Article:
Worms need moisture in order to breathe oxygen through their skin. If a worms skin dries out, they will suffocate. Likewise, if the moisture level of worm bin bedding is too high, they will drown. And when conditions are too wet, it deprives oxygen that is needed to support the breakdown of foods. This results in all kinds of anaerobic activity in the worm bin and a toxic environment.
There’s always a moisture level sweet spot in the worm bin, where your worms are reproducing, eating happily and look healthy. However maintaining a consistent moisture level can be a challenge, especially due to changes in weather. Luckily composting worms are tolerant of a wide range of dampness (50%-90%). The ideal moisture level of worm bin bedding is about 80% moisture content.
Worms don’t like too much water. Too much moisture can down your worms. If your worm bin is too wet, the worms will seek dryer conditions. And if you notice your worms are becoming pale in color or are skinny then your worm farm moisture levels are probably too high.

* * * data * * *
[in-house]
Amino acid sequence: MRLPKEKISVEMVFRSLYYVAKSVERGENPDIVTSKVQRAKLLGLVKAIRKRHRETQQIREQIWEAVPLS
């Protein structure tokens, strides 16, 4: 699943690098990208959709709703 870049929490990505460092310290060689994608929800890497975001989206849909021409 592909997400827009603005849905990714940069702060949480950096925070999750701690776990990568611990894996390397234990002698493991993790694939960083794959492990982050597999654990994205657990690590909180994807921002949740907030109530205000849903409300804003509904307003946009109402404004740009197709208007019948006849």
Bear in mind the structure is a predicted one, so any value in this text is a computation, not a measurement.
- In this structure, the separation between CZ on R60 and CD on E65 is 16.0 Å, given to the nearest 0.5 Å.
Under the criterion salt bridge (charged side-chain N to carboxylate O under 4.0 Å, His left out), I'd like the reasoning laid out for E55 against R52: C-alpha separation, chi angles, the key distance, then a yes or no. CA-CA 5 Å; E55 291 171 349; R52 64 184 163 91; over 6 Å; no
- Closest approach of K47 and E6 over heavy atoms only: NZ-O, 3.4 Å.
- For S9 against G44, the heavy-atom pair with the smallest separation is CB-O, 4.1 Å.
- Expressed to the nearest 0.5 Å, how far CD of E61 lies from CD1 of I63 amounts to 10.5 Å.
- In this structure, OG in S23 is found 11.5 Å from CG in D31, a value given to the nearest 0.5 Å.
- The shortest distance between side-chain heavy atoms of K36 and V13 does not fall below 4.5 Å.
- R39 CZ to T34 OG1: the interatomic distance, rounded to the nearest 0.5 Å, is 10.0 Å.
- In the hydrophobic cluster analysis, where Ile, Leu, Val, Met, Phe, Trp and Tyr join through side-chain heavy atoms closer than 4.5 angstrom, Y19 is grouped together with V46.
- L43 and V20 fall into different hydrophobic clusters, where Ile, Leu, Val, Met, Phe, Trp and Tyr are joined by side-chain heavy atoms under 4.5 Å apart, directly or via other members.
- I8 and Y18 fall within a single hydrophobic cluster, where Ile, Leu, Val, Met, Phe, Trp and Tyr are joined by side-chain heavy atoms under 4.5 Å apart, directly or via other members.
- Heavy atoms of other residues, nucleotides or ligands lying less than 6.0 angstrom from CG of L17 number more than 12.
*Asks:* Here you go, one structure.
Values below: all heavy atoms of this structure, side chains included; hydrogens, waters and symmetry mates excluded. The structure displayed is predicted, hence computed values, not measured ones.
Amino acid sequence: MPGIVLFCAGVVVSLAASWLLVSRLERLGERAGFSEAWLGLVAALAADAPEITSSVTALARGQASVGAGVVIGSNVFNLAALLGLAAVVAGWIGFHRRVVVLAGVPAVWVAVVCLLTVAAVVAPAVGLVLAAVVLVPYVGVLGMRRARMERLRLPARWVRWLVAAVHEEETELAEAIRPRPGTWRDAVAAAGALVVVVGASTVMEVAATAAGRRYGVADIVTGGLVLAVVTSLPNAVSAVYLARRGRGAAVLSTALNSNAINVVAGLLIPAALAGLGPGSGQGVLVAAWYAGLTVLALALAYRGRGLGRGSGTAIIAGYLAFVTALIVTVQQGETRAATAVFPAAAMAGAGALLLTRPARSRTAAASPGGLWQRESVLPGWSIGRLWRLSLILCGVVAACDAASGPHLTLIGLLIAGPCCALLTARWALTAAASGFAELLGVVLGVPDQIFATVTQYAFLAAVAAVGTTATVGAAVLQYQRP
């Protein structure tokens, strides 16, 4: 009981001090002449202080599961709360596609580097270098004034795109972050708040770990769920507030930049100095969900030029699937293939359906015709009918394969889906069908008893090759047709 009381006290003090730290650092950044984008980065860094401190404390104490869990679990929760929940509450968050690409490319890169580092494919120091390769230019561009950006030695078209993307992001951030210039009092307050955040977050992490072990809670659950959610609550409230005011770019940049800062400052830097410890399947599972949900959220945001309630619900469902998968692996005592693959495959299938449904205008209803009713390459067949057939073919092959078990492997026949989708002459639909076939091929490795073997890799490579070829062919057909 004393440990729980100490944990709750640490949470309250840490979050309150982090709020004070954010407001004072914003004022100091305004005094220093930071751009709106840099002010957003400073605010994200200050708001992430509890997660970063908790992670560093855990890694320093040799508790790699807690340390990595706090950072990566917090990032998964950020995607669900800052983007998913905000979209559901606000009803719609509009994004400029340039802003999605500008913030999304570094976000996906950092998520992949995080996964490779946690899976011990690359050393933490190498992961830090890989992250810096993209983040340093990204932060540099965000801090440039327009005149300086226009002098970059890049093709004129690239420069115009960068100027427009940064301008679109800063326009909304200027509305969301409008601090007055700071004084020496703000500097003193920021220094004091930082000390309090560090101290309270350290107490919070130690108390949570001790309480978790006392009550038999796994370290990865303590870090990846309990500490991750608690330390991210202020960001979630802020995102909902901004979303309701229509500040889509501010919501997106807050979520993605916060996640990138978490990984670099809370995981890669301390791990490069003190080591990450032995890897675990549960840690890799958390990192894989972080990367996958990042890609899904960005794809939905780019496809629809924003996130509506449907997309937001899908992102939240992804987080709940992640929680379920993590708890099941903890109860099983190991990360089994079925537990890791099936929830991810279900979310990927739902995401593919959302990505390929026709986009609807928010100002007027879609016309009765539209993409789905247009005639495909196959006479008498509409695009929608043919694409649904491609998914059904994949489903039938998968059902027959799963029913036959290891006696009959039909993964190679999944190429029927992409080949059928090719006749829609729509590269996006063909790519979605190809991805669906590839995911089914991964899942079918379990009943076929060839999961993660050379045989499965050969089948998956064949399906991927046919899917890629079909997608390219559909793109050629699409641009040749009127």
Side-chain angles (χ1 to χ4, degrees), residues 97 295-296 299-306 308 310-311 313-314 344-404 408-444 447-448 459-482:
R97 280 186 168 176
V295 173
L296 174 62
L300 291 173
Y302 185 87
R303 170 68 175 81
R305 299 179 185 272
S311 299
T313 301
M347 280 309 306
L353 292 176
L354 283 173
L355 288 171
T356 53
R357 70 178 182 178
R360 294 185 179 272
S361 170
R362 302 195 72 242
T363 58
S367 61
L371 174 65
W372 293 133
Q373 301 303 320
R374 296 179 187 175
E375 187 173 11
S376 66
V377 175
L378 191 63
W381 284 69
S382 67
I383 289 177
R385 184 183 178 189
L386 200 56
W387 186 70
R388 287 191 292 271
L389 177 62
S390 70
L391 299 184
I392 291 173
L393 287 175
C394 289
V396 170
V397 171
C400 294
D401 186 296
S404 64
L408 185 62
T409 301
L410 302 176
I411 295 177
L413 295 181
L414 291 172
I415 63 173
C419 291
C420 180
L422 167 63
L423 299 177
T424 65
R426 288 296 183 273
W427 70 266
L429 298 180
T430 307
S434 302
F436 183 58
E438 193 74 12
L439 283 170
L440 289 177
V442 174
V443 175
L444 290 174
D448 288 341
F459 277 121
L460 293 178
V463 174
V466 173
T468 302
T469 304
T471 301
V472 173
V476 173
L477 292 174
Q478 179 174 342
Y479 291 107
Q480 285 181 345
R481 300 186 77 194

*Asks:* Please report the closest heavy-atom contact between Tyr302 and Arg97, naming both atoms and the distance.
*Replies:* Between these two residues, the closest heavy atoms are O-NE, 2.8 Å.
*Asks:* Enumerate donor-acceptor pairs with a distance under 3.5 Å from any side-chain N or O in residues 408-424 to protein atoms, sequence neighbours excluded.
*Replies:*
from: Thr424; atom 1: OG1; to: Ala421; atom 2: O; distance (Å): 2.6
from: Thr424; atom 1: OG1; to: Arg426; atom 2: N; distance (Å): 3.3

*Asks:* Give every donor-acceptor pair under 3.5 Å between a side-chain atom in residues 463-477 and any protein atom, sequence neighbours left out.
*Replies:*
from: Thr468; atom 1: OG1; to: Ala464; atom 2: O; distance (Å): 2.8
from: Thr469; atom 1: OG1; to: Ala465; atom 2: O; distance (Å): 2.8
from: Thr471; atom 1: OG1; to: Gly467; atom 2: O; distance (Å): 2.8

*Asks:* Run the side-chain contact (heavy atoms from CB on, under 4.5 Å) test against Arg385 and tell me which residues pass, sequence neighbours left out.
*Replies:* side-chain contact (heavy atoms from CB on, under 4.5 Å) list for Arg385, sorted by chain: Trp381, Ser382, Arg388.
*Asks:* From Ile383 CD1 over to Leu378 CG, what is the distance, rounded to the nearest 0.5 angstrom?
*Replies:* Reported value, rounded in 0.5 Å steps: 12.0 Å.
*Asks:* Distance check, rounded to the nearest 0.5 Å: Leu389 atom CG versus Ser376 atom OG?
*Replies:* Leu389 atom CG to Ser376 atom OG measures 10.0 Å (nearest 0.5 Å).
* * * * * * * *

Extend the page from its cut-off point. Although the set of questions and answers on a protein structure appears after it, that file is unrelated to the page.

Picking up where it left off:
A wet worm bin can cause a slowdown in worm productivity. And even worse it can become a stinky mess of anaerobic activity which may spoil your entire bin. You might also see some white maggots (soldier fly larvae) appear as they prefer sloppy conditions. The acidity in the worm bin may increase due to the anaerobic conditions. In this scenario, it is also common to see lots of fungal growth. In addition, too much moisture makes it difficult to harvest worm castings and separate the worms from it.
A wet and soggy worm farm may be the result of:
- Adding too many foods that are high water content – It’s not rocket science to figure why they called it Watermelon. It’s 92% water!
- Adding too much water – You should not need to add any extra water into the worm bin. That is unless the temperature is extremely hot. There should be enough moisture supplied by the food scraps you add.
- Insufficient bedding – Fresh bedding helps to soak up any excess moisture. If you don’t continually topped up your worm bin with fresh bedding as it disappears, any excess water will have nowhere to go.